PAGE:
1–2). Reyes now petitions for review of the BIA’s decision.
We begin by addressing the scope of our jurisdiction. Although the Immigration and
Nationality Act (“INA”) generally strips courts of “jurisdiction to review the removal orders of
petitioners deemed removable for having committed a CIMT,” we retain “limited jurisdiction to
review questions of law and constitutional claims arising from such orders.” Ruiz-Lopez v.
Holder, 682 F.3d 513, 516 (6th Cir. 2012) (citing 8 U.S.C. § 1252(a)(2)(D)). The only question
presented in Reyes’s petition for review is whether his conviction for solicitation of prostitution
is a CIMT, Pet’r Br. at 14, a pure question of law. See Ruiz-Lopez, 682 F.3d at 516. We
accordingly have jurisdiction to review Reyes’s claim.
B. Standard of Review
“Where, as here, the BIA expressly adopts and affirms the IJ’s decision but adds
comments of its own, we directly review the decision of the IJ while also considering the
additional comments made by the [BIA].” Yeremin v. Holder, 738 F.3d 708, 714 (6th Cir. 2013)
(internal quotation marks omitted).
“The BIA’s construction of ambiguous statutory
provisions—such as the term ‘crime involving moral turpitude’—is generally entitled to Chevron
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deference,” and we accordingly “must uphold the BIA’s construction [of the definition of a
CIMT] unless it is ‘arbitrary, capricious, or manifestly contrary to the statute.’” Ruiz-Lopez, 682
F.3d at 516 (quoting Chevron, U.S.A., Inc. v. Nat. Res. Def. Council, Inc., 467 U.S. 837, 843–44
(1984)). The BIA’s interpretation of a state criminal statute is not entitled to deference and is
reviewed de novo. Ruiz-Lopez, 682 F.3d at 517.
C. Reyes’s Solicitation Conviction
The sole issue raised by Reyes in his petition for review is whether his conviction for
solicitation of prostitution is a CIMT. Our Circuit has yet to address this question.
We apply the “categorical approach” to determine whether a crime involves moral
turpitude. Serrato-Soto v. Holder, 570 F.3d 686, 689 (6th Cir. 2009). Under this framework,
“we consider not whether the actual conduct constitutes a crime involving moral turpitude, but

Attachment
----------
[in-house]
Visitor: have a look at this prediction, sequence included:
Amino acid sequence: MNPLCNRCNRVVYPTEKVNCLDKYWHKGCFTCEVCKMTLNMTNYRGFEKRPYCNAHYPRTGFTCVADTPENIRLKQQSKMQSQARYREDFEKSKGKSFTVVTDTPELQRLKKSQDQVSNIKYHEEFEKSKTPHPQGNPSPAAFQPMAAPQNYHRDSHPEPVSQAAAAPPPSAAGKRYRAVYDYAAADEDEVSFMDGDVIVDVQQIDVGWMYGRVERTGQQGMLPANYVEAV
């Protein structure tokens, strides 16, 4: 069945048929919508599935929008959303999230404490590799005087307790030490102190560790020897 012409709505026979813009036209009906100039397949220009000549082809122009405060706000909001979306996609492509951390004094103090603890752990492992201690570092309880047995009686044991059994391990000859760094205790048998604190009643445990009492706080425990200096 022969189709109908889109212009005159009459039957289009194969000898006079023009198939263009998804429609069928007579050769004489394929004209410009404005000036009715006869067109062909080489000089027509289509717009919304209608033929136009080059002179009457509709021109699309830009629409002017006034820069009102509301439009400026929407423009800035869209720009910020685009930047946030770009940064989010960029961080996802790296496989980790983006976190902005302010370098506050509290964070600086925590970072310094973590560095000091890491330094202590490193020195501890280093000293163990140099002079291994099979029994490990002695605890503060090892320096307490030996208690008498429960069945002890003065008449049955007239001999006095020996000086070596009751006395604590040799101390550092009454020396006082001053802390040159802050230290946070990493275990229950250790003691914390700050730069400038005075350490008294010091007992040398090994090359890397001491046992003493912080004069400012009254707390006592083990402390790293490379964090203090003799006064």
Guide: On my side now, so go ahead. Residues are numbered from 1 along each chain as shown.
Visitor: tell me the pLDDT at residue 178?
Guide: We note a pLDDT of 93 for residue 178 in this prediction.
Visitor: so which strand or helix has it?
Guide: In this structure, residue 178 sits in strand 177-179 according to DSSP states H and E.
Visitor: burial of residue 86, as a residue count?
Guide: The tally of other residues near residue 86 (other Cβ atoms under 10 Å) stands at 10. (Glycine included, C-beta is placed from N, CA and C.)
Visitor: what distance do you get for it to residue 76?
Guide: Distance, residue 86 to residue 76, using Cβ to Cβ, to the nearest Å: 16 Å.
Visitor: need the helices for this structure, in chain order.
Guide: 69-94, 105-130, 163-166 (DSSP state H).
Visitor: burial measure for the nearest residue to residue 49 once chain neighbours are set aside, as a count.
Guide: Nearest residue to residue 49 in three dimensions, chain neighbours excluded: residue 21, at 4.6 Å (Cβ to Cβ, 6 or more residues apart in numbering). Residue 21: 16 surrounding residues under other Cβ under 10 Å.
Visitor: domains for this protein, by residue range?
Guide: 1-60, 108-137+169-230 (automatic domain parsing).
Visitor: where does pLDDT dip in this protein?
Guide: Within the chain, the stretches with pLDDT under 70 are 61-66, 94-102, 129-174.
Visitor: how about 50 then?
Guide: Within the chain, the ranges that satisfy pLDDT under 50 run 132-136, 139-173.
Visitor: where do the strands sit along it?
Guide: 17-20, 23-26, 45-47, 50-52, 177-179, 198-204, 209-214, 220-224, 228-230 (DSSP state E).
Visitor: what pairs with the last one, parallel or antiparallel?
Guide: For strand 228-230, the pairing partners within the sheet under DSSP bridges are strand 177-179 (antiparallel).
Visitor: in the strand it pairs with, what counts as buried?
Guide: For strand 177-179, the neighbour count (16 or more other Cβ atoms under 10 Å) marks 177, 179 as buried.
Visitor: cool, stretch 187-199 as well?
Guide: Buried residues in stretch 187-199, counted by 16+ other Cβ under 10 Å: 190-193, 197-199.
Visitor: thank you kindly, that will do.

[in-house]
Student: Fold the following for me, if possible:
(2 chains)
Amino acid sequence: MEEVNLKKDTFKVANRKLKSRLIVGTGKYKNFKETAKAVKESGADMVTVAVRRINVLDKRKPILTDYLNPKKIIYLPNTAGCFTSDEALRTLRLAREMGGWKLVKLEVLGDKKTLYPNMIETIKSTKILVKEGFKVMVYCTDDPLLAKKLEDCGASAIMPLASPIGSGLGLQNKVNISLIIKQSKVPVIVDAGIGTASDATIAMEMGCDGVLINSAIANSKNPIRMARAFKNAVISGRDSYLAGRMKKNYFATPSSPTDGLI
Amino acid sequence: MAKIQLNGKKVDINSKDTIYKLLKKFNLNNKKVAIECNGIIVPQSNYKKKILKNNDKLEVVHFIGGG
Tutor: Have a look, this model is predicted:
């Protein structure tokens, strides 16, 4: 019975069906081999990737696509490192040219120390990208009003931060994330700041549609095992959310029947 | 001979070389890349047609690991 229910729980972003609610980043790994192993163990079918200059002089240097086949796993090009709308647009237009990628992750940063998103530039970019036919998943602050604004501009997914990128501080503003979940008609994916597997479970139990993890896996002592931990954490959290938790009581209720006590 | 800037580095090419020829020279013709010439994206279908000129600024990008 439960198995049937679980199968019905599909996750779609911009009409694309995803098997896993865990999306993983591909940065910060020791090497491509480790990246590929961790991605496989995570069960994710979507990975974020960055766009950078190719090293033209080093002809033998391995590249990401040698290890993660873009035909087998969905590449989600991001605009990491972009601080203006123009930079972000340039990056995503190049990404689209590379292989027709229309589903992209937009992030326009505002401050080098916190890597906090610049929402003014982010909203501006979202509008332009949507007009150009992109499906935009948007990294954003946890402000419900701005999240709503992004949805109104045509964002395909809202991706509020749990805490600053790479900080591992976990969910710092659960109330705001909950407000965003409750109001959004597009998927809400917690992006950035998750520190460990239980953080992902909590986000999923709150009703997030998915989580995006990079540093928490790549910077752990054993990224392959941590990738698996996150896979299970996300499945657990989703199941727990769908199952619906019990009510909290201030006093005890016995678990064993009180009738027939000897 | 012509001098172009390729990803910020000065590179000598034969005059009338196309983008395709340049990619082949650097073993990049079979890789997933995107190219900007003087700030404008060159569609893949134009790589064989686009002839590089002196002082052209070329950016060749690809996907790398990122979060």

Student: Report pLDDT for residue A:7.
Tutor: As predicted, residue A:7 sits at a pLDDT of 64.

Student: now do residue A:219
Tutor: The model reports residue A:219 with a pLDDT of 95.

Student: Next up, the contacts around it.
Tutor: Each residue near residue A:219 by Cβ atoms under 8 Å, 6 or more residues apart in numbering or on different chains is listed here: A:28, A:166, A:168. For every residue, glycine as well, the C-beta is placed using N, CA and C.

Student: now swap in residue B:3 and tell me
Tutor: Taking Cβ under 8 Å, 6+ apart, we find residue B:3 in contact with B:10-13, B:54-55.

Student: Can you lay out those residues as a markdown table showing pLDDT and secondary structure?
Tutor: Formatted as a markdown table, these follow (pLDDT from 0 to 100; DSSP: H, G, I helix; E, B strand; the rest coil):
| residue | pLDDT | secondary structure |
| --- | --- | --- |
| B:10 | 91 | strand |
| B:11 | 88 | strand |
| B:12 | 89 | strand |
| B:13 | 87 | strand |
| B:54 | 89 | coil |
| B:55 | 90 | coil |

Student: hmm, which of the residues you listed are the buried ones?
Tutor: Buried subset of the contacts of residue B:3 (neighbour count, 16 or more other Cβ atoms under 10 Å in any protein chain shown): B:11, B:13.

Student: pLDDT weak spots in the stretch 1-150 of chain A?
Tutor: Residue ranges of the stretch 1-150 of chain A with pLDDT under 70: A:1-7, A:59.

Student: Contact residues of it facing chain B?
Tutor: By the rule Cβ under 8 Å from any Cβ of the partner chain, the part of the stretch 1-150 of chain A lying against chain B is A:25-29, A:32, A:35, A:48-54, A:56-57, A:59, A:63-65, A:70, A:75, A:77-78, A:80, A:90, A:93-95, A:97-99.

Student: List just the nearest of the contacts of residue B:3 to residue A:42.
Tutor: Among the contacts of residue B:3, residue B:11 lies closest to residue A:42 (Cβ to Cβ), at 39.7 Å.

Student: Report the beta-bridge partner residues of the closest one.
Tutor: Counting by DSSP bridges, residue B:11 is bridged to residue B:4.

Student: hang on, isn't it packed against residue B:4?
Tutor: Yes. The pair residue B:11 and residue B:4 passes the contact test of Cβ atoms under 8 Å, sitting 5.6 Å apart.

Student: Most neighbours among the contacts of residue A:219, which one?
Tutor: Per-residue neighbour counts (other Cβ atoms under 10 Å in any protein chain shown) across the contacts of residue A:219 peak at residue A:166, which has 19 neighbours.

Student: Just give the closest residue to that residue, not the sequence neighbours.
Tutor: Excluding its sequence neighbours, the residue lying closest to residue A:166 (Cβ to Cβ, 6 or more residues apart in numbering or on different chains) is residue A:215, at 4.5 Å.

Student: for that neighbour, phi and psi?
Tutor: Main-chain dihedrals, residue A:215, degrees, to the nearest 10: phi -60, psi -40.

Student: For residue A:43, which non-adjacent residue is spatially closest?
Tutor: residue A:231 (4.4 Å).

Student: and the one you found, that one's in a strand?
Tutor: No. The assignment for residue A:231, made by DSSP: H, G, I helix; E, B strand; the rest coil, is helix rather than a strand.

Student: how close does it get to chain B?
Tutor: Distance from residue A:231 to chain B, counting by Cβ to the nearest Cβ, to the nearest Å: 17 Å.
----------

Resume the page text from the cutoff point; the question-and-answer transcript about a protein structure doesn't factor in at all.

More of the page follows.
whether the full range of conduct encompassed by the statute constitutes a crime of moral
turpitude.” Id. at 689–90 (internal quotation marks omitted). In doing so, we look only to the
elements of the offense, not to the specific facts underlying the conviction. Id. at 690. “If all
offenses under the statute necessarily meet the definition of a CIMT, the analysis ends,” but if
“some offenses contemplated by the statute do not fit the BIA’s definition of a CIMT, we move
to the modified-categorical approach” and “examine certain record documents to determine
whether the petitioner’s specific offense under the statute qualifies as a CIMT.” Ruiz-Lopez,
682 F.3d at 518. Reyes was convicted under § 533.09(a) of the Hamilton Codified Ordinances,
which states that “[n]o person shall solicit another to engage with such other person in sexual
activity for hire.” See A.R. at 285 (8/17/00 Judgment Entry). This statute prohibits solely
solicitation of prostitution, and thus the categorical approach is appropriate; we need only resolve
the legal question of whether the BIA correctly determined that a conviction for solicitation of
prostitution constitutes a CIMT.
“The term ‘crime involving moral turpitude’ is not defined in the INA or by agency
regulations.” Yeremin, 738 F.3d at 714. “The BIA has held that “a criminal offense ‘involves
‘moral turpitude’ if the relevant statute defines the offense in such a manner that it necessarily
entails conduct on the part of the offender that is inherently base, vile, or depraved, and contrary
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to accepted rules of morality and the duties owed between persons or to society in general.’”
Serrato-Soto, 570 F.3d at 689 (quoting Matter of Kochlani, 24 I. & N. Dec. 128, 129 (BIA
2007)). “Although not a universal rule, offenses that can be classified as ‘malum in se’ generally
do involve moral turpitude, while those classified as ‘malum prohibitum’ do not.” Ruiz-Lopez,
682 F.3d at 519.
The IJ and BIA both relied on the Ninth Circuit’s decision in Rohit in holding that
solicitation of prostitution is a CIMT. In Rohit, the Ninth Circuit recognized that “[t]he [BIA]
has, in precedential decisions, identified certain crimes that involve moral turpitude that are quite
similar to solicitation of prostitution.” Rohit, 670 F.3d at 1089. Specifically, the BIA has found
that the act of prostitution is a CIMT, In the Matter of W----, 4 I. & N. Dec. 401, 402 (BIA 1951),